The water conservation battle is joined! Santa Monica has pledged to reduce citywide water use 20 percent by December 31, 2016. As you may recall, Mayor Garcetti has already set a Los Angeles goal for a 20 percent reduction by January 2017.
At the beginning of 2014, we took "a sober look at the environment" in LA and California, made 10 predictions, and promised to hold ourselves accountable to you, our readers, at the end of the year. So here we go: what really happened in 2014 and what we can look forward to in 2015 and beyond.
On the 40th anniversary of Heyday--an independent, nonprofit publisher dedicated to promoting California's many cultures, landscapes, and boundary-breaking ideas--Jon Christensen asks publisher Malcolm Margolin what he would pack for the future of California.
A dramatic, wrenching, and potentially pivotal story is unfolding in the environmental movement right now. It came to a head last week after Michael Brune, executive director of the Sierra Club, posted messages in solidarity with #blacklivesmatter.
Our first major rain of the year was a mixed blessing. For most Angelenos, the rain brought a sense of renewal and a reminder that inexorable desiccation isn't the only state of our Mediterranean climate. For Mark Gold, the first major rain of the season will always be "the first flush."
Jeremy Rosenberg's new book "Under Spring" chronicles the extraordinary transformation of a very ordinary space under the North Spring Street Bridge. Revealing the possibilities alive in the past, it should attune us to the potential of 12,309 public places like "Under Spring" around LA--and the possibilities for activating "interstitial spaces" throughout the city.
The next time you're stuck in traffic think about this: You're not just part of the problem. You're part of the solution. And not just for LA, but for the world!
In which columnist Jon Christensen apologizes for offending many dear readers and friends by telling the LA Times that John Muir's legacy "has got to go," while explaining what he meant, and hoping that in the process he is not digging himself a deeper hole.
The LA Regional Water Quality Control Board approved two new discharge permits for water treatment plants last week. That's not news. What is news is the precedent-setting limits on toxic discharges in the permits. The effect on our waterways could be profound.
It's good to celebrate rain in a land of little, particularly before the inevitable onslaught of reminders that this doesn't mean our drought is over, and reports of accidents on the freeways, and floods and mudslides unleashed when Pacific storms crash against the steep mountains that hem in the Los Angeles basin and cast a rain shadow over the desert to the east.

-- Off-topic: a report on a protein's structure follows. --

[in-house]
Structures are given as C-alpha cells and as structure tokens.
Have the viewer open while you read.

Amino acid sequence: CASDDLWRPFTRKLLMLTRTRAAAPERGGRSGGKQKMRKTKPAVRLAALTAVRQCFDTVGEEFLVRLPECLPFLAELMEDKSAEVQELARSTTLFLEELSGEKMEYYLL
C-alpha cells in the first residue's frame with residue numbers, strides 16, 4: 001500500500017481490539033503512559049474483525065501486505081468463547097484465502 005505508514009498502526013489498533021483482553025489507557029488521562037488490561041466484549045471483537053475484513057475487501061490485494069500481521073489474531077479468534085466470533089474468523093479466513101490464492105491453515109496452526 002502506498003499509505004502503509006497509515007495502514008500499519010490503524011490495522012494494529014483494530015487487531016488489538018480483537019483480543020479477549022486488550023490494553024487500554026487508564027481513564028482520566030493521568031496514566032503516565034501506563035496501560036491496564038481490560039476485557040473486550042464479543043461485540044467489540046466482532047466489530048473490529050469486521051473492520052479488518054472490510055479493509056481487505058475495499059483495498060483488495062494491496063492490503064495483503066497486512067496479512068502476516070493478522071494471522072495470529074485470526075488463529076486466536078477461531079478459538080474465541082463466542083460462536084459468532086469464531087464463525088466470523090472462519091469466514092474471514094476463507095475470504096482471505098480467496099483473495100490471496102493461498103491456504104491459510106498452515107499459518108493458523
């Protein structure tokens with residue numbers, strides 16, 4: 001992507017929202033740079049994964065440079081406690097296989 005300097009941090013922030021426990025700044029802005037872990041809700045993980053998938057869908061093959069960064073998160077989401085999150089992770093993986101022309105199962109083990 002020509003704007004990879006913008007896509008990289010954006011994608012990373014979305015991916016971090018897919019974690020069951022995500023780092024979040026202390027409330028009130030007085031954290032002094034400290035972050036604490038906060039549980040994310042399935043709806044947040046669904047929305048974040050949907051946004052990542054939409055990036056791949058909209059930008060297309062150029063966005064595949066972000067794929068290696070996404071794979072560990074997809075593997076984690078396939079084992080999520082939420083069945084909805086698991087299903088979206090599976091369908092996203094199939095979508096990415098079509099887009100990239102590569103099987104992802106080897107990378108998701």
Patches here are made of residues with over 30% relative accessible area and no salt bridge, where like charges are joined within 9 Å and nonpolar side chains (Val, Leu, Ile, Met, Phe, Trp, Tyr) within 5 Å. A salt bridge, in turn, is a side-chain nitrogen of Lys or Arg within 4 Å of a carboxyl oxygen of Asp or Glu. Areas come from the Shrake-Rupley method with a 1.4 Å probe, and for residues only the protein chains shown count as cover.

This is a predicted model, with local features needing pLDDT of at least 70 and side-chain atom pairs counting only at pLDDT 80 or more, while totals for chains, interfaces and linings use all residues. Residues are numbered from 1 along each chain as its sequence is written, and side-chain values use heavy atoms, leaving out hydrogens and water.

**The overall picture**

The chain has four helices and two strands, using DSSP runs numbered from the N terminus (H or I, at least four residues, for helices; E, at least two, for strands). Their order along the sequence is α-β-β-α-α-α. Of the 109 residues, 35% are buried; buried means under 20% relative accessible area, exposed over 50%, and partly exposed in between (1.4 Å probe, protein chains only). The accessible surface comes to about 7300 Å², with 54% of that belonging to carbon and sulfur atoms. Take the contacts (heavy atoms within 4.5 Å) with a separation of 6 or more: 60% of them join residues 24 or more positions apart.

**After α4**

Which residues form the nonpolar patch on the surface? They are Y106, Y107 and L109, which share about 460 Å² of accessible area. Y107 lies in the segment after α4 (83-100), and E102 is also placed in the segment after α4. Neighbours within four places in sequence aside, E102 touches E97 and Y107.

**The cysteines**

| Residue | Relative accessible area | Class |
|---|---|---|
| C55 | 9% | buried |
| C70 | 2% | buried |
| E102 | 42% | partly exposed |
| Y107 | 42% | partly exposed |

A long awaited state water bond will finally be decided on November 4th. LA could benefit significantly if Proposition 1 passes and the region acts as one to ensure it gets a fair share.
It's a classic mail room to corner office story. Alix Hobbs worked her way up at Heal the Bay after first volunteering at a beach cleanup in 1993.
In an interview with the Northern California magazine Bay Nature, Jon Christensen has the pleasure of talking about why he loves the Bay Area and LA.
Two California lakes: the Salton Sea, a festering manmade disaster in the desert, and Tulare Lake, a phantom lake, dried up by agriculture in the southern San Joaquin Valley. Not the first places one might expect to find hope in the Anthropocene.
This weekend the Allen's Hummingbirds sparred around our feeders in Venice as usual. It's a sight likely to become more rare and perhaps even vanish in the future. The Allen's Hummingbird is climate endangered. Something is going out of the air in LA.
Our efforts have shown the world that Californians can live without plastic bags. Can we do the same for styrofoam cups, snack packaging, sporks, straws, and bottle caps? For the sake of our rivers and oceans, we need to. Now. It shouldn't take another decade.
There are a lot of reasons to reconnect the dots between the Civil Rights Act, the Wilderness Act, and the Land and Water Conservation Fund, which all turn 50 this year. The arc of the history in which these three pieces of legislation represented signal turning points is long and still unfinished.
"A Hollywood drama of butterfly extirpation and persistence over a century of urbanization," reads the headline on a recent scientific study in the Journal of Insect Conservation. The story that unfolds offers glimmers of hope for the rich biological diversity that lives amongst us in Los Angeles.
Los Angeles was designed and marketed around a climate of ease, says LA Times architecture critic Christopher Hawthorne. Is that all over? "Just Add Water: The Discussions" at the Natural History Museum of Los Angeles County contemplated the future of a hotter, drier LA, on a lovely recent and, we dare say, easy evening.